Since they are usually located on campus, they are convenient (near the library and other university facilities, for example) and therefore are in high demand. Living in halls in first year can be useful because if you choose to go into shared accommodation in your second year, you’ll probably have to decide who you want to live with before Christmas. Halls offer top socialising opportunities for you to find next year’s housemates!

The downside is that you might not get your first choice of room in this type of student accommodation (with en-suite rooms almost always oversubscribed). The rooms available are often unremarkable but usually comfortable.

Check out our previous post to learn some tips for living in student halls!

Pros:

  • A good stepping stone between living at home and complete independence, as you won’t have the hassle of bills or dealing with landlords.
  • Most halls accommodations are close to campus, so you won’t have to go far for your classes, clubs or social events.
  • Easier to meet new people and make friends – and you have a built-in group for those first nights out .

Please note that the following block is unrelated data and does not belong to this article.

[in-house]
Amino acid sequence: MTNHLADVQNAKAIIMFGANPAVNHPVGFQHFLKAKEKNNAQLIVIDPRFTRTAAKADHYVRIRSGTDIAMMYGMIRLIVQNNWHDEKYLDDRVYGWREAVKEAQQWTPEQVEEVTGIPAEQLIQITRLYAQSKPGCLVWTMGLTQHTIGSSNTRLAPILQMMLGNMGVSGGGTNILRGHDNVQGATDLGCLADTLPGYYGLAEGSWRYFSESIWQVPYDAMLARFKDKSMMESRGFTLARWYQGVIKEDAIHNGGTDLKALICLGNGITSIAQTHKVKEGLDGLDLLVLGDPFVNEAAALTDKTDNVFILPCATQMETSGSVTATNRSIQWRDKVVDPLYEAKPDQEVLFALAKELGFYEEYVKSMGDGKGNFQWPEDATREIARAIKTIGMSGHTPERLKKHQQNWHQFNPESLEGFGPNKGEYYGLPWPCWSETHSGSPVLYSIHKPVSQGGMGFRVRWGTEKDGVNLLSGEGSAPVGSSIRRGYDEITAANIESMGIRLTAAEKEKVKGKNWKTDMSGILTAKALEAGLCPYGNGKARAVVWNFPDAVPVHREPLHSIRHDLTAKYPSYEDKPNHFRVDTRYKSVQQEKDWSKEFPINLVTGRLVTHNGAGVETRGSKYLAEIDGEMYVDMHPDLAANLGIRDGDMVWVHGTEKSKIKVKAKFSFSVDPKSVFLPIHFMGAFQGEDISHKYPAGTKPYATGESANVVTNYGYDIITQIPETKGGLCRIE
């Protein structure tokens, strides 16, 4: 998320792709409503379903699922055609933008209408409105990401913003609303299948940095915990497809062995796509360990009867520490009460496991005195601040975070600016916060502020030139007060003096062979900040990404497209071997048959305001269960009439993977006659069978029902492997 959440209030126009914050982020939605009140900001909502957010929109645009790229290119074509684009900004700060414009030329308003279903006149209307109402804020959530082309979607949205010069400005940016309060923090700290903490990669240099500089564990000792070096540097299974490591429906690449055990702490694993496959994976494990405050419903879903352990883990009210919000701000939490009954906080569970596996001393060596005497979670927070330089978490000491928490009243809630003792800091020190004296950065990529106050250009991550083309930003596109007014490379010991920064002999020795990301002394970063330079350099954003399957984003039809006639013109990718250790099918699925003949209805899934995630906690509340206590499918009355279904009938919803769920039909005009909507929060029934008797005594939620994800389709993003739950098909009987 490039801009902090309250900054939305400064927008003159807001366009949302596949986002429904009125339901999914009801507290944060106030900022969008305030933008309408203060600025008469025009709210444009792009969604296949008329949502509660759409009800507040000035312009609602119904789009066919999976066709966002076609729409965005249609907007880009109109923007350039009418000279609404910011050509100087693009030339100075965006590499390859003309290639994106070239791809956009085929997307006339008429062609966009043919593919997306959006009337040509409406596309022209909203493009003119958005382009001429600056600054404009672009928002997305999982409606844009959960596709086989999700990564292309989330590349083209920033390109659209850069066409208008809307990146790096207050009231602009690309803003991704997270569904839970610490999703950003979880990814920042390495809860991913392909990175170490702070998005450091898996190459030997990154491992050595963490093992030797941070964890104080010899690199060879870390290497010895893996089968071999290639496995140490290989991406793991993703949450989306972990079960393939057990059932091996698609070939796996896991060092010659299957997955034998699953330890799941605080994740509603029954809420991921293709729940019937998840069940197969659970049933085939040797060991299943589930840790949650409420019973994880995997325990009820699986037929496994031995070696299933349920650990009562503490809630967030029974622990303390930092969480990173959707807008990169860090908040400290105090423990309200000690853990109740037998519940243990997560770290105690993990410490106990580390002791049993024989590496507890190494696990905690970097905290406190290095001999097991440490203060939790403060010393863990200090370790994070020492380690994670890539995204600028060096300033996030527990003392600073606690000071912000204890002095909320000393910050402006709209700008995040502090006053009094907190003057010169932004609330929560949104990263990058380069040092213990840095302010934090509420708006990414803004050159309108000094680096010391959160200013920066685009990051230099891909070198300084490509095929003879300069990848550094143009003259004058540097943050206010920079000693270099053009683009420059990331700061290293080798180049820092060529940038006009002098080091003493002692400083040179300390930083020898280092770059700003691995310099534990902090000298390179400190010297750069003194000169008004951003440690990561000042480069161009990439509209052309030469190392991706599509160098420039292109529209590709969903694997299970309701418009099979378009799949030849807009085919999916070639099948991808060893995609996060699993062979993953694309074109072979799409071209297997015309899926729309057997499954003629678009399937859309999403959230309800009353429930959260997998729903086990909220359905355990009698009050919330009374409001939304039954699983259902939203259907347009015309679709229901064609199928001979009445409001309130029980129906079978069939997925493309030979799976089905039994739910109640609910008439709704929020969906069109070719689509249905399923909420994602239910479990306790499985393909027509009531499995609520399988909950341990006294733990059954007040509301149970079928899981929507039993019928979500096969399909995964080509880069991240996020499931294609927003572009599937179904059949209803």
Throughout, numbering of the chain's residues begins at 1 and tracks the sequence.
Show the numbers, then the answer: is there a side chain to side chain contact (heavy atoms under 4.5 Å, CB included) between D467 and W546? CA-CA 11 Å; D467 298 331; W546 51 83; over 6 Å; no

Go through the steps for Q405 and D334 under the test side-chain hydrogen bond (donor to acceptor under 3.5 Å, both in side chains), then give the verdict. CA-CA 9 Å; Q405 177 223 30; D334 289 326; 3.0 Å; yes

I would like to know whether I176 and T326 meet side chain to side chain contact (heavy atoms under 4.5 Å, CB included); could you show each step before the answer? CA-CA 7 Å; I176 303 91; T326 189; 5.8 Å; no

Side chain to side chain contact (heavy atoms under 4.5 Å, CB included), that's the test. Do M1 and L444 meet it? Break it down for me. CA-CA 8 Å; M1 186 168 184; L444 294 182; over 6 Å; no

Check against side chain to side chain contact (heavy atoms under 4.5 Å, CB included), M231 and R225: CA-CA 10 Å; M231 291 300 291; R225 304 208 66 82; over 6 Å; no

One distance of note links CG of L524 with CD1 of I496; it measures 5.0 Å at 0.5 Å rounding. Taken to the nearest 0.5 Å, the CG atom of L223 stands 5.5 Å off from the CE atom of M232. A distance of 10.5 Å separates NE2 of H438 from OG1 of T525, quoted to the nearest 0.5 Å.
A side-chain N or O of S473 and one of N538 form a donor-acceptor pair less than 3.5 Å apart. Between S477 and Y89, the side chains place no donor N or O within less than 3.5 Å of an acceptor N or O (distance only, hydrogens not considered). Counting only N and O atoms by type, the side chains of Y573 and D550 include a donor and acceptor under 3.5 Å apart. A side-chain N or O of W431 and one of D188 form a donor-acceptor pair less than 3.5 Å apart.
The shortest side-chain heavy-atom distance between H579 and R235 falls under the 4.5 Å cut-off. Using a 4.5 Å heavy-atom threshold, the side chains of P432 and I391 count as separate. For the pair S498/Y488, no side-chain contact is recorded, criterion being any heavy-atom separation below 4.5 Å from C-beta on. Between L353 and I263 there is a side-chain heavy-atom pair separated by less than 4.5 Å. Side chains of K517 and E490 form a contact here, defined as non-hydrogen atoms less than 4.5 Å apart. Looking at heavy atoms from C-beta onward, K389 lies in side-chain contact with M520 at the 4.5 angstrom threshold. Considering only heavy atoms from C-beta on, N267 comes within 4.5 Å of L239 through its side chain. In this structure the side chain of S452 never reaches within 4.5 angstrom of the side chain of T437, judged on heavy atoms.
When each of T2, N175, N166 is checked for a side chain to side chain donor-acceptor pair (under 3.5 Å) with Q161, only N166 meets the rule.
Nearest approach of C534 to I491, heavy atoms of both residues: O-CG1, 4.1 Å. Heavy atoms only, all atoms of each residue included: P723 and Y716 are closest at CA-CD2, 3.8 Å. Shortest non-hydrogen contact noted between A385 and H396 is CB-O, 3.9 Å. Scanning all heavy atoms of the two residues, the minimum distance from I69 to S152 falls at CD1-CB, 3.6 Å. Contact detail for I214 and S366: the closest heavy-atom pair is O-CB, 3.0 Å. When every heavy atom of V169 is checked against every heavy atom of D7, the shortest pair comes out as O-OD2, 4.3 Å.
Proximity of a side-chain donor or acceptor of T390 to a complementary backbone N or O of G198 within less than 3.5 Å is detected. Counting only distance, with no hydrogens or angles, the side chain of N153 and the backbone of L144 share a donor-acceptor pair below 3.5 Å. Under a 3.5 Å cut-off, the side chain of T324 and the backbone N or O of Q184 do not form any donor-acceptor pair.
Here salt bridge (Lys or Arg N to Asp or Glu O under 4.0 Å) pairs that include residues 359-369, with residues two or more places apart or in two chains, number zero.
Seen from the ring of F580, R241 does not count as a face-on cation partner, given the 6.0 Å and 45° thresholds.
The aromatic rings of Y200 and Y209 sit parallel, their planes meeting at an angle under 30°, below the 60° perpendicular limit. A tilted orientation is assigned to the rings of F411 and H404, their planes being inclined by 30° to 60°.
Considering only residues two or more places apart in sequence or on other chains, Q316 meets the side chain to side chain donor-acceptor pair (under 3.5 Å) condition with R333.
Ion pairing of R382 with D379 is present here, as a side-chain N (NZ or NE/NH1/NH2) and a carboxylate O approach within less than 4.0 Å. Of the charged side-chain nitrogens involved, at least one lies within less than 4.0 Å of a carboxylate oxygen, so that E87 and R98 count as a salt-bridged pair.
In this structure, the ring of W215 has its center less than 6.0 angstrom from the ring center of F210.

• Some halls organise and run events like pub crawls or quizzes, and many have a social media presence to let you meet your new housemates before you even get to uni.

Cons:

  • Halls are very competitive and you may not get your first choice of accommodation.
  • They’re typically only available to first-year students.
  • Some halls have strict rules – such as keeping fire doors closed at all times or quiet hours – and can penalise all of you if these are broken.
  • Fire alarms can mean evacuating the entire block if someone burns their toast at six in the morning.

Catered or self-catered?

Whether you choose to be in a catered or non-catered type of accommodation for students will impact the standard of kitchen facilities you’ll have access to in halls. Catered accommodation is less popular than in the past but is still an option at some unis. You pay additional rent to cover your food but save time on shopping, cooking and, of course, washing up.

Remember, though, that shared kitchens are a great space in which to meet people and make friends. Also, cooking for yourself is a valuable life skill and will mean you’re not tied to the schedule of the canteen.

Private sector halls of residence

Private halls are similar to university halls – you have your own room and some communal areas, such as a kitchen, lounge and laundry room – but they are owned by commercial companies.